Here’s the opening to my new back page piece at Global Brief. For the whole series, look here.
There are individuals and there are the anonymous. Most of us are individuals to ourselves, family and friends, but anonymous to the rest of the human race. We are anonymous in crowded cities, in the vast bureaucracies of government and multinational corporations. We are anonymous in statistics, and when we are dead. We are anonymous except in the hearts of loved ones. But that memory eventually burns out as well. Before history, we are all anonymous – a tide of humanity swept up in events, lucky to die in a bed of our own with loved ones around (feeling like an individual).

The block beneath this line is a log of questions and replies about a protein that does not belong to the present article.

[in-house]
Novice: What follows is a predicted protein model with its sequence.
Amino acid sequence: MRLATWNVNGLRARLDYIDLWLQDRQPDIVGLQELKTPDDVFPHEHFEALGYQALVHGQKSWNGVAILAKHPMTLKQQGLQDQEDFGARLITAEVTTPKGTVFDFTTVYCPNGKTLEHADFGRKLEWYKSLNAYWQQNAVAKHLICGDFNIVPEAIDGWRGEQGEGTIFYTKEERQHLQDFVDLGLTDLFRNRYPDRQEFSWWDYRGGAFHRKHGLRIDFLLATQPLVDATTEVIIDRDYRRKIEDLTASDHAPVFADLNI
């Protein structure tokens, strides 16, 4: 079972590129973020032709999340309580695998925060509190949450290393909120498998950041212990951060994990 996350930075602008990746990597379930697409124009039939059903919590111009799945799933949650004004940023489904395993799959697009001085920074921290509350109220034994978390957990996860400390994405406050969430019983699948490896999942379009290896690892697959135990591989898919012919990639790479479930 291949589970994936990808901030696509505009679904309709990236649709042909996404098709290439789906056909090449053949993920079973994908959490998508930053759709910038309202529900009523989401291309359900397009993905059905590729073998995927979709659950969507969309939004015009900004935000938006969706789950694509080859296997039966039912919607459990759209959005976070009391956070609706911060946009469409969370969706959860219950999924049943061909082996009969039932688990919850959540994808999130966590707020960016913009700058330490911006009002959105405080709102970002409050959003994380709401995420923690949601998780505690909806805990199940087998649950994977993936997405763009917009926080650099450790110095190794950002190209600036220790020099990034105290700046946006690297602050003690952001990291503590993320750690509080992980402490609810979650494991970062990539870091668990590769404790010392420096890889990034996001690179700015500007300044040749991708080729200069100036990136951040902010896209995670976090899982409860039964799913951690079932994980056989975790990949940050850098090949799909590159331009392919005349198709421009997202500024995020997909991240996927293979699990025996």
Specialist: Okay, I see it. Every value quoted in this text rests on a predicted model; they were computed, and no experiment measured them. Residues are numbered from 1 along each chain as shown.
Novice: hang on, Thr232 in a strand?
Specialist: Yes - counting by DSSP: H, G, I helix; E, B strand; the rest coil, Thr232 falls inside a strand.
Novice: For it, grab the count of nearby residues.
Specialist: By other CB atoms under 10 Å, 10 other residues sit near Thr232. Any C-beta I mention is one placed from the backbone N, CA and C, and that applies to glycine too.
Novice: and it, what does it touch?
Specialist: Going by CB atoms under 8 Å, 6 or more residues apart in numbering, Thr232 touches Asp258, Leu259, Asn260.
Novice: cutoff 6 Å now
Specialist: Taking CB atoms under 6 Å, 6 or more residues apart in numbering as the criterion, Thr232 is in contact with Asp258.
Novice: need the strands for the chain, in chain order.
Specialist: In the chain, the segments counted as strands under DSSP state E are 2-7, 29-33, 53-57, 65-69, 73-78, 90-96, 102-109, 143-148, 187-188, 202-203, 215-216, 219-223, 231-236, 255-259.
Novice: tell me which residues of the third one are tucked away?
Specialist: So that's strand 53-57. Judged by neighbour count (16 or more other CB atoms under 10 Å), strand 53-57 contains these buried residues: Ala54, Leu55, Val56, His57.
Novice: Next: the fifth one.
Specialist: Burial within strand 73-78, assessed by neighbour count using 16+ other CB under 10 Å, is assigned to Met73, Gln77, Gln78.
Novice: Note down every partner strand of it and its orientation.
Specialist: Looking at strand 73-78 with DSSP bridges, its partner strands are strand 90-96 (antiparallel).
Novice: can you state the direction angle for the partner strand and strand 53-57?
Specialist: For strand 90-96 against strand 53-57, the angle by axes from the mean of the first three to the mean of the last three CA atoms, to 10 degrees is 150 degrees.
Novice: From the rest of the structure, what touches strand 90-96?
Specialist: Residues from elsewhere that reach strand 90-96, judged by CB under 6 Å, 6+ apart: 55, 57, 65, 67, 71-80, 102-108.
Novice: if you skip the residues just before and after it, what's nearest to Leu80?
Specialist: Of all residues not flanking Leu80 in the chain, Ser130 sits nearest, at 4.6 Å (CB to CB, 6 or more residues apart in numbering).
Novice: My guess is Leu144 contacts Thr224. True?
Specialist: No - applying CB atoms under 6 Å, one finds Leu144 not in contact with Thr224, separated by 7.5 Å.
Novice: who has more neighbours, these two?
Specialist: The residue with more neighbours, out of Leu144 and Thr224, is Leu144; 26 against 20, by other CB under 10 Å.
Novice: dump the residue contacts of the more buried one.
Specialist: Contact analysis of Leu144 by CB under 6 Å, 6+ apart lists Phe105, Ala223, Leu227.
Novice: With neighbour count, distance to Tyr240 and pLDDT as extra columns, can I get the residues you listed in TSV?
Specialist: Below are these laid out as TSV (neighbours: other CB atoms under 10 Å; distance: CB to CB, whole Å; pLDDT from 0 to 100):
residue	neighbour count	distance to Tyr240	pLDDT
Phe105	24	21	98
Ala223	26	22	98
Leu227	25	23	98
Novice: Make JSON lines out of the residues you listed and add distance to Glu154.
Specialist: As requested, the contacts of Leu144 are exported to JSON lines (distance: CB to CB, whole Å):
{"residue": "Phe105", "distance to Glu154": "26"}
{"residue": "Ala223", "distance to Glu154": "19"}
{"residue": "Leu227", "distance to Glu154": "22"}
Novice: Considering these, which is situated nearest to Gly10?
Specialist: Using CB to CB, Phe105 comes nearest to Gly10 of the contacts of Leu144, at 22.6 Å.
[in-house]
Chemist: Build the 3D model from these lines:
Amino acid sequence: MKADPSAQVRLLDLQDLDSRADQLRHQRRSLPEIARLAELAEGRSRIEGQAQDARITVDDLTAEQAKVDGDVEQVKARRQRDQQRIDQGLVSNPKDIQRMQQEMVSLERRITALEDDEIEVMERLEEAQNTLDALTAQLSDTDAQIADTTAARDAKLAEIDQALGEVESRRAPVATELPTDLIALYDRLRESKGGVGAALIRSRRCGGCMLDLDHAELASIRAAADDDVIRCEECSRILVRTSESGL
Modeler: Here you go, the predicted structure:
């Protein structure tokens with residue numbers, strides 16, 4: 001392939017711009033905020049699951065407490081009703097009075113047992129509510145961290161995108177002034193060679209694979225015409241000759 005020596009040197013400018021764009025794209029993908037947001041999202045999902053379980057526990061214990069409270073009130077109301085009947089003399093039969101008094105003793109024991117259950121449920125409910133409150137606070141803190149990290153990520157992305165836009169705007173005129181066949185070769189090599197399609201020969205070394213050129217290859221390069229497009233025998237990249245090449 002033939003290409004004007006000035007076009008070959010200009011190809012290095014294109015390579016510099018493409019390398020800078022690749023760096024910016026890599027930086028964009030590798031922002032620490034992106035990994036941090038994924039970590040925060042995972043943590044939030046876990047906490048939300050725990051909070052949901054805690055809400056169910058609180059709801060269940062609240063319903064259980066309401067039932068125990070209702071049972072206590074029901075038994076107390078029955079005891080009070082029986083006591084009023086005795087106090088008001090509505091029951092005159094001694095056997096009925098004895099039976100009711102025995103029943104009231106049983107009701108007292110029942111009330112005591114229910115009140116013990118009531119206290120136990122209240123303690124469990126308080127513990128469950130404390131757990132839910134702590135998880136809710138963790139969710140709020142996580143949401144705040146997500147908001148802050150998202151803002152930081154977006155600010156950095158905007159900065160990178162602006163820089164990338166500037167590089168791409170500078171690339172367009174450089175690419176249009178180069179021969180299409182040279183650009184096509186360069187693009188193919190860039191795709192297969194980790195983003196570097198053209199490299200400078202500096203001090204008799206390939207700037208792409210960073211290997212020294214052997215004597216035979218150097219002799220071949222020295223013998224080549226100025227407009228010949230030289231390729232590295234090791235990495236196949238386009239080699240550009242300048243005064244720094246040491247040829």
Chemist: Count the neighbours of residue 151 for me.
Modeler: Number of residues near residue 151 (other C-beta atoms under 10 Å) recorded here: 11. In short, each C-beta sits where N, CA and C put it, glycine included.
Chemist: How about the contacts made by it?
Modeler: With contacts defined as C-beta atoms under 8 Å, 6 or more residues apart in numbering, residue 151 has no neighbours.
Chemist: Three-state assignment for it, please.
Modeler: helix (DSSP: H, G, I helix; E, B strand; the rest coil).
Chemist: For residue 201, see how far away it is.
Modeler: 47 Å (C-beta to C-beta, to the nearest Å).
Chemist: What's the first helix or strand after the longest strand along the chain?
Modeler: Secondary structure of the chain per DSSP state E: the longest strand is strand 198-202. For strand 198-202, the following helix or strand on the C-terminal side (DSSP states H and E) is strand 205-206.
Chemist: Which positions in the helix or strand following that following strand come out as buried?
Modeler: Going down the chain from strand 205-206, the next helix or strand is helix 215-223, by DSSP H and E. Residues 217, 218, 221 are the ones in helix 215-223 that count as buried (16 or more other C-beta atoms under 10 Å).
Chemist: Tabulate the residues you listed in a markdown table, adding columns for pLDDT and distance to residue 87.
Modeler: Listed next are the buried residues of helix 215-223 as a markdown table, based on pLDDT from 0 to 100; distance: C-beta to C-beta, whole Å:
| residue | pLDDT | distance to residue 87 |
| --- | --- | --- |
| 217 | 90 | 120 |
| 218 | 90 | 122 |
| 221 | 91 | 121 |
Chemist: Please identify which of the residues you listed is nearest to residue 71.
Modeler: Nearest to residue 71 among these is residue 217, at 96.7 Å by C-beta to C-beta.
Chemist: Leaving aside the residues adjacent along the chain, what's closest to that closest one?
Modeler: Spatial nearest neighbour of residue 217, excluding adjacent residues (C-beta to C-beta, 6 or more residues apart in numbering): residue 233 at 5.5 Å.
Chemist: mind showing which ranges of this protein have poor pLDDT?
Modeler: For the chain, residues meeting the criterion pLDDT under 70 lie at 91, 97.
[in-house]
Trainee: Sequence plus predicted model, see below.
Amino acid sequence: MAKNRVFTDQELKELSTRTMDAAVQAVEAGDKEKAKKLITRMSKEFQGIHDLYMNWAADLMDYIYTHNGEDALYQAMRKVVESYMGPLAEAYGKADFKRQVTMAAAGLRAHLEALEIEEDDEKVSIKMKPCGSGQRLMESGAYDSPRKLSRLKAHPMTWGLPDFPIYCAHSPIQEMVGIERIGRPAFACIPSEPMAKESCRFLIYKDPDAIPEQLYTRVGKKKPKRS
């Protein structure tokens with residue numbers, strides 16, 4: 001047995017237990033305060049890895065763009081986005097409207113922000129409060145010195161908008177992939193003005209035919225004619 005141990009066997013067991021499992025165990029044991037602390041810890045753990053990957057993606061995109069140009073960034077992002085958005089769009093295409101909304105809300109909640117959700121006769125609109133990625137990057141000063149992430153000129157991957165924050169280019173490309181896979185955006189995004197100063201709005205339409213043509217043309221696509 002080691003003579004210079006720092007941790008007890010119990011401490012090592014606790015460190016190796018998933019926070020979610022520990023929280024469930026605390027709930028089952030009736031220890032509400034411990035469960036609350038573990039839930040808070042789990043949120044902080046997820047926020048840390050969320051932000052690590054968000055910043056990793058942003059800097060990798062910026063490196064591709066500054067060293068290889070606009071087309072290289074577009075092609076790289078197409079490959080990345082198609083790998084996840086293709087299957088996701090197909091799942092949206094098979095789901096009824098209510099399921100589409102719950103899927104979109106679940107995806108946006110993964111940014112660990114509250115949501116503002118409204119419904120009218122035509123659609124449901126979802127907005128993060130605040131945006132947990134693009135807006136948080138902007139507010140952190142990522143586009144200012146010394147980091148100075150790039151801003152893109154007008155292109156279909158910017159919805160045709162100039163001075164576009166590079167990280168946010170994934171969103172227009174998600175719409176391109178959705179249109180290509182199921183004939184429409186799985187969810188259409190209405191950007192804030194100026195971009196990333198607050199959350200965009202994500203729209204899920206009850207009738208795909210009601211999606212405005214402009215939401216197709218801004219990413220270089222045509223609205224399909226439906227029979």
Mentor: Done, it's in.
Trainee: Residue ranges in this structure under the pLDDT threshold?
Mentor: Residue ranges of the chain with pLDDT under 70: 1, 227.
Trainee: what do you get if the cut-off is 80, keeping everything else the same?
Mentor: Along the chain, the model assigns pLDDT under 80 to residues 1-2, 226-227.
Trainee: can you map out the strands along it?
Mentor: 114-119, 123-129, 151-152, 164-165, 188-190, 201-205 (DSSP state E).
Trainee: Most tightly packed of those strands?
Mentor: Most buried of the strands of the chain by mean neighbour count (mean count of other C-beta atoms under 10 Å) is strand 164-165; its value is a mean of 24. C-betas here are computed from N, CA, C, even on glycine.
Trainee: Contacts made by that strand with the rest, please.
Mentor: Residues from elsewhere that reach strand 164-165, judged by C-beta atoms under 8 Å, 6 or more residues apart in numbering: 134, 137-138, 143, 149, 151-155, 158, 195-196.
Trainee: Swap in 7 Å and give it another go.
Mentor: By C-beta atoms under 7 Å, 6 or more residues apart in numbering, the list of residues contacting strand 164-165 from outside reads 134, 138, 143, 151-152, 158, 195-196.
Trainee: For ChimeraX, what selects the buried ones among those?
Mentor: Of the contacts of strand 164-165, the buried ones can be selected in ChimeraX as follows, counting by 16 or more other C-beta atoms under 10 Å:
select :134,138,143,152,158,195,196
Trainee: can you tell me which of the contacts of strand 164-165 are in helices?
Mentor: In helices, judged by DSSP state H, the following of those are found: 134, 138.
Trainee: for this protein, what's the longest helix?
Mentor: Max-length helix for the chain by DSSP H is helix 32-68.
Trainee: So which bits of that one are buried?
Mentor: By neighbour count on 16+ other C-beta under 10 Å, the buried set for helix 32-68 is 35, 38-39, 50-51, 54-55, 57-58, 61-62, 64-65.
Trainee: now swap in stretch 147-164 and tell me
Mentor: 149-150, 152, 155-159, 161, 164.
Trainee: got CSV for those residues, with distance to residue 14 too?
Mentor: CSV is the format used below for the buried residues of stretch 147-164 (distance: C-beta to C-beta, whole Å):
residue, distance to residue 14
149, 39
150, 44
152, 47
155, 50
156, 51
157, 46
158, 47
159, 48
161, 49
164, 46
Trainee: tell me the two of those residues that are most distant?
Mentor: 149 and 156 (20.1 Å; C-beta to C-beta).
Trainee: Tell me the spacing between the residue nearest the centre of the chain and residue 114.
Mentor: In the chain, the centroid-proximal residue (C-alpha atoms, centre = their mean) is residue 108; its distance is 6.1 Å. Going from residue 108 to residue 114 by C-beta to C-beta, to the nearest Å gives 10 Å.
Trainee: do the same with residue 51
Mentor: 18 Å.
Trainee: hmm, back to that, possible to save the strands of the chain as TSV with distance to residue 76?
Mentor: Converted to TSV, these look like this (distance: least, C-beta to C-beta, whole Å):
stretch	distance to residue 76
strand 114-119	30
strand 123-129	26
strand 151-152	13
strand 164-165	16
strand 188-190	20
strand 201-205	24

The idea of an individual is paradoxical, like Wittgenstein’s famous duck-rabbit parable: look at a diagram one way and it’s a duck, tilt the paper and it’s a rabbit. Or it trembles, to use Jacques Derrida’s felicitous verb. Individual/anonymous. We strut our individuality, but we are haunted by images of the beehive and the anthill, where the individual is subsumed under the sign of the collective. Are we simply carriers of genes – worker bees in a hive? Is civilization merely an accumulation of minute anonymous gestures by replaceable minions? Or are we individuals with a particular claim on the infinite – infinitely precious (to a superior being, perhaps), with a will and the power to create and alter forever the course of history?